Loss cuts deeper than stitches

BOSTON -- Of course he came back.

Rajon Rondo took an inadvertent elbow to the head midway through the third quarter of Wednesday's loss to the Toronto Raptors, and though it split him between his eyes, Rondo took nine stitches (of course, No. 9 did) and returned to play the final eight minutes, nearly sparking a Boston rally from a double-digit deficit.

Rondo played the final frame wearing a protective bandage that ran from his forehead to the bridge of his nose. There was no question in his mind that he'd be back in the game.

After all, this is the same guy who dislocated his elbow in a playoff game against Miami, snapped it back into place, and returned. This is the same player who tore his ACL 14 months ago and tried to play on because he thought he just had some hamstring discomfort.

A superficial wound? That wasn't going to deter Rondo from coming back into the game.

Here's why it matters: Who would have blamed Rondo if he decided to take the rest of the night off? The Celtics were on their way to their 48th loss of a transition season, and the only jockeying for position that Boston is engaged in at the moment is in regards to how low they can go in the standings.

But there was Rondo, returning to the bench while team trainer Ed Lacerte was still probably putting away his needle.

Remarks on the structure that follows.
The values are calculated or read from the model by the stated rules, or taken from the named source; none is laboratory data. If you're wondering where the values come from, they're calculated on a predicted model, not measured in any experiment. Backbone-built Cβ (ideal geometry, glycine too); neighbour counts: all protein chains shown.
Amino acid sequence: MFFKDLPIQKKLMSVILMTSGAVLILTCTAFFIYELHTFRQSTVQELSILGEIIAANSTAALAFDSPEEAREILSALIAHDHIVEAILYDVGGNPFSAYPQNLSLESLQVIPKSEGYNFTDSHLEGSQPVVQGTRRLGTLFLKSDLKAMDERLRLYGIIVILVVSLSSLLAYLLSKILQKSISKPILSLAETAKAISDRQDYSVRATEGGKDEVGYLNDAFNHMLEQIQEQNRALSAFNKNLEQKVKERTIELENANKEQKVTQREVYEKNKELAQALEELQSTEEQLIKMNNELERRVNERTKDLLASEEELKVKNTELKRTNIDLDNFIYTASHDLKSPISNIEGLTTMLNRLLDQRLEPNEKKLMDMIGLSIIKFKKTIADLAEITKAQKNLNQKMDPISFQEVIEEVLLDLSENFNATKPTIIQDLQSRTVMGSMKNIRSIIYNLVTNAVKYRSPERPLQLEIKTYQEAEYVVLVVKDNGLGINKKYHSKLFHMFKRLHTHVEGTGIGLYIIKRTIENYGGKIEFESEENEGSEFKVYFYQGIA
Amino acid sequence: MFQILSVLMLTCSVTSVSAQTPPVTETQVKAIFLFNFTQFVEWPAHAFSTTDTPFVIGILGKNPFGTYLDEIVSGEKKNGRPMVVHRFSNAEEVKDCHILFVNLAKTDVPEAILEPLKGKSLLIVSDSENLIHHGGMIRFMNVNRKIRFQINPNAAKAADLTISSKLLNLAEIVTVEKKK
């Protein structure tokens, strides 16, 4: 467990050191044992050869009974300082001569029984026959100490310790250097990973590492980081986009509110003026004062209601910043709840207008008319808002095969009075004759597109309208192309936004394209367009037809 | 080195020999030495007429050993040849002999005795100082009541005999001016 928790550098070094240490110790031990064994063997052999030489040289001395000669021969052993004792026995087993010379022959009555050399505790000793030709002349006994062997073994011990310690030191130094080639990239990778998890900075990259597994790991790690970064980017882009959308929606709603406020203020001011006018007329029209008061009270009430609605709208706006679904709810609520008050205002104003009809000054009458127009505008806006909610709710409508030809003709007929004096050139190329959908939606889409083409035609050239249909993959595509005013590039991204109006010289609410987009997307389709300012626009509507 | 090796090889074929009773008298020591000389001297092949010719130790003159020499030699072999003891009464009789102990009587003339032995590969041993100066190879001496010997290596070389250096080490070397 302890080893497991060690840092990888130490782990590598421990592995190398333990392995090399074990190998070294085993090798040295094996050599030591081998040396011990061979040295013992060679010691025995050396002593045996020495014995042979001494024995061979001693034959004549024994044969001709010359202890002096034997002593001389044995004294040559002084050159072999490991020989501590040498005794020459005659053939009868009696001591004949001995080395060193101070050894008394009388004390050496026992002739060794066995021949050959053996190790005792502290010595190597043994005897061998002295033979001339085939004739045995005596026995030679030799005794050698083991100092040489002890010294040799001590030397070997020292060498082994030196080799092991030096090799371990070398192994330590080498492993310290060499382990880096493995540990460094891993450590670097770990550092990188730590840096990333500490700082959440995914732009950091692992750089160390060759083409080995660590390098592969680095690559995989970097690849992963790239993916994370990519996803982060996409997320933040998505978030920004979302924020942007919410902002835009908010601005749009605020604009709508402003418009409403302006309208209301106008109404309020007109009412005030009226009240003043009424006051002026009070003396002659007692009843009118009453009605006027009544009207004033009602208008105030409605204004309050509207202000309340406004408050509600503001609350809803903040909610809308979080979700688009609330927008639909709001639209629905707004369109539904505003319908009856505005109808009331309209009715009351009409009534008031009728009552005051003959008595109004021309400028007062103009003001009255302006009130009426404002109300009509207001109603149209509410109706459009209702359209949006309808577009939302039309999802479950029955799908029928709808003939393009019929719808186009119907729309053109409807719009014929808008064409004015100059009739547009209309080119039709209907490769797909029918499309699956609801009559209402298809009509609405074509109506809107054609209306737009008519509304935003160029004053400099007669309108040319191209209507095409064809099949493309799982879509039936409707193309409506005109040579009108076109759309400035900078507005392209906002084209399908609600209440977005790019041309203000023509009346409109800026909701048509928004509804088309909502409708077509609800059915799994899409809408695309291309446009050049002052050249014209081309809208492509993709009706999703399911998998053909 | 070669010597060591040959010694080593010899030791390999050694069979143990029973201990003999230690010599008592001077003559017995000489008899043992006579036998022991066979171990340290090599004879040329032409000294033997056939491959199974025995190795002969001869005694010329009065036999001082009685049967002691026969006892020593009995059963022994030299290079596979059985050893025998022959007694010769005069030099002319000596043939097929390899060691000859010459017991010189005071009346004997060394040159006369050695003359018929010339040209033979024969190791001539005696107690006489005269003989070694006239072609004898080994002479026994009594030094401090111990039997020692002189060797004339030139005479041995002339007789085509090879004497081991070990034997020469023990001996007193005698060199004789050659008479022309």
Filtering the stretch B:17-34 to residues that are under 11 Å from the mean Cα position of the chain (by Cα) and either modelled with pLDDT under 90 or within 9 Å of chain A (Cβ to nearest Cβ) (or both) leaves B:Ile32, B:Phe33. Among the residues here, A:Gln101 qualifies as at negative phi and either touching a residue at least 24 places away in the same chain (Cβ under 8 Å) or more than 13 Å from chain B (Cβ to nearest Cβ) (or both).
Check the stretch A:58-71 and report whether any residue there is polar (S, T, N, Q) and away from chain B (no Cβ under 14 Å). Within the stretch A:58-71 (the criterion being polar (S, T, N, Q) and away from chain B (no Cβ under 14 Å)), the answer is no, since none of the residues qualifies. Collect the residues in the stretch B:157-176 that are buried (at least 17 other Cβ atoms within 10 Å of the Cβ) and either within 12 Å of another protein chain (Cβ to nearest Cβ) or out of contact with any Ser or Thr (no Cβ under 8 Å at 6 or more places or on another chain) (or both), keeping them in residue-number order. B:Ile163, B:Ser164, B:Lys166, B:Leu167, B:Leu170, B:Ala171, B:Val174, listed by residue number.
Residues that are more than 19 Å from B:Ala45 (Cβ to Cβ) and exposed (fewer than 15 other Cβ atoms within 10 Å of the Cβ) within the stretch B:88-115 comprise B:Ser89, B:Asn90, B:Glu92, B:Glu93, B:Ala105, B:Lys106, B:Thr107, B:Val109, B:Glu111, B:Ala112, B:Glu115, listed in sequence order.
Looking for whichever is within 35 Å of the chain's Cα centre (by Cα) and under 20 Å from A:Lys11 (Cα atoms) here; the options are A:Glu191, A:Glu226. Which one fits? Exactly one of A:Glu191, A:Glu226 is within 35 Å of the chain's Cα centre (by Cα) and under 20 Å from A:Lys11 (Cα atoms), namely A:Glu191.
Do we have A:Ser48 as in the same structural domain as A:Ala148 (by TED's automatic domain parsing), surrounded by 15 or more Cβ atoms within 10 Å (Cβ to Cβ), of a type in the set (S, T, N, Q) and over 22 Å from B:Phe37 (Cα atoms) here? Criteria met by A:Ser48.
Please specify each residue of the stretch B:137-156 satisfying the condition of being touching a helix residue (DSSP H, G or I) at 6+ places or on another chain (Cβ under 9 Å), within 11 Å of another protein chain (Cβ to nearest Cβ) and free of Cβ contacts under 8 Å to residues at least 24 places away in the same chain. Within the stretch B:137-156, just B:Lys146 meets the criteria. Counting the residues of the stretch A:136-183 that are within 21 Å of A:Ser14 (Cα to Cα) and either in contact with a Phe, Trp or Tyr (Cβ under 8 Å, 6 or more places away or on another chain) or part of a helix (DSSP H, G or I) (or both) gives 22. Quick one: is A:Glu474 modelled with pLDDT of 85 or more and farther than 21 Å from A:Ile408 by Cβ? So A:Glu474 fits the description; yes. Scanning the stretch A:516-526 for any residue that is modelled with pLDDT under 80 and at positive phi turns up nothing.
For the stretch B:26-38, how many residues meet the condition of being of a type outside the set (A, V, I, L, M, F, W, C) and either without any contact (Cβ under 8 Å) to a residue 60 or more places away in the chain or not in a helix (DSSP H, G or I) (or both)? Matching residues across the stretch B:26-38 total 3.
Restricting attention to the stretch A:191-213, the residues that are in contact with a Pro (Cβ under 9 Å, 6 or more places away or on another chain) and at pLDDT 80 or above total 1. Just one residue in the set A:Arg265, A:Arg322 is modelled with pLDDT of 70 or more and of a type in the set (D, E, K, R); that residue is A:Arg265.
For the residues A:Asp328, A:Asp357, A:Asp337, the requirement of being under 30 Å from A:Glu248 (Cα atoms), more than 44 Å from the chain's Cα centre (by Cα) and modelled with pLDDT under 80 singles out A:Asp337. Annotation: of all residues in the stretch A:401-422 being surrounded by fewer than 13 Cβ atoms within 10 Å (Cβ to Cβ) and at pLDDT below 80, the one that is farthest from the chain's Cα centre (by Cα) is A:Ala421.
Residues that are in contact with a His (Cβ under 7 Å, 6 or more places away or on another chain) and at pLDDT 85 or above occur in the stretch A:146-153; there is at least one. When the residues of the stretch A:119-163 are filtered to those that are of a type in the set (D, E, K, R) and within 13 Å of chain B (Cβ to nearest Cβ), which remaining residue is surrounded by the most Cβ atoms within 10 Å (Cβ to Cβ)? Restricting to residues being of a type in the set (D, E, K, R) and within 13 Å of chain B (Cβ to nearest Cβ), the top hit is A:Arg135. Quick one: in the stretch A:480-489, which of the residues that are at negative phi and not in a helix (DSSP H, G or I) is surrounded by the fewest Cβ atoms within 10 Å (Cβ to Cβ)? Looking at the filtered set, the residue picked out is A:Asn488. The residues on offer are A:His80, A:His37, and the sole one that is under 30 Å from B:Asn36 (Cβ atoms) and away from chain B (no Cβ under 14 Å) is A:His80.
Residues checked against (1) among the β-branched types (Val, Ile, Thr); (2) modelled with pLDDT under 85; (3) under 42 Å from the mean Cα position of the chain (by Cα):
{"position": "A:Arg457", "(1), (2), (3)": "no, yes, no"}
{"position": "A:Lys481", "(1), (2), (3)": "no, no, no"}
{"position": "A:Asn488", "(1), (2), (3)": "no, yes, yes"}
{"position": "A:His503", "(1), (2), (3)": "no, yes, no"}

"I just want to win," Rondo said of his return. "I hate losing. I just hate losing."

Rondo came under intense scrutiny last month for a decision to skip a game out west that he knew he would not be playing in. Fair or not, it became a bit of a circus and Rondo's leadership was questioned for his decision to attend his own birthday party in Los Angeles rather than accompany the team to Sacramento.

Games like Wednesday won't draw nearly as much attention, but Rondo's actions deserve notice. Despite the fact that Boston had lost six of its last seven and trailed the Atlantic Division-leading Raptors by as much as 15 during Rondo's brief absence, he asked back in because he hates the way that losing gnaws at him.

"That's what kind of player he is," said Celtics guard Avery Bradley. "He's tough, he wants to win. I knew he'd come back without skipping a beat and he gave us a chance to win the game at the end."

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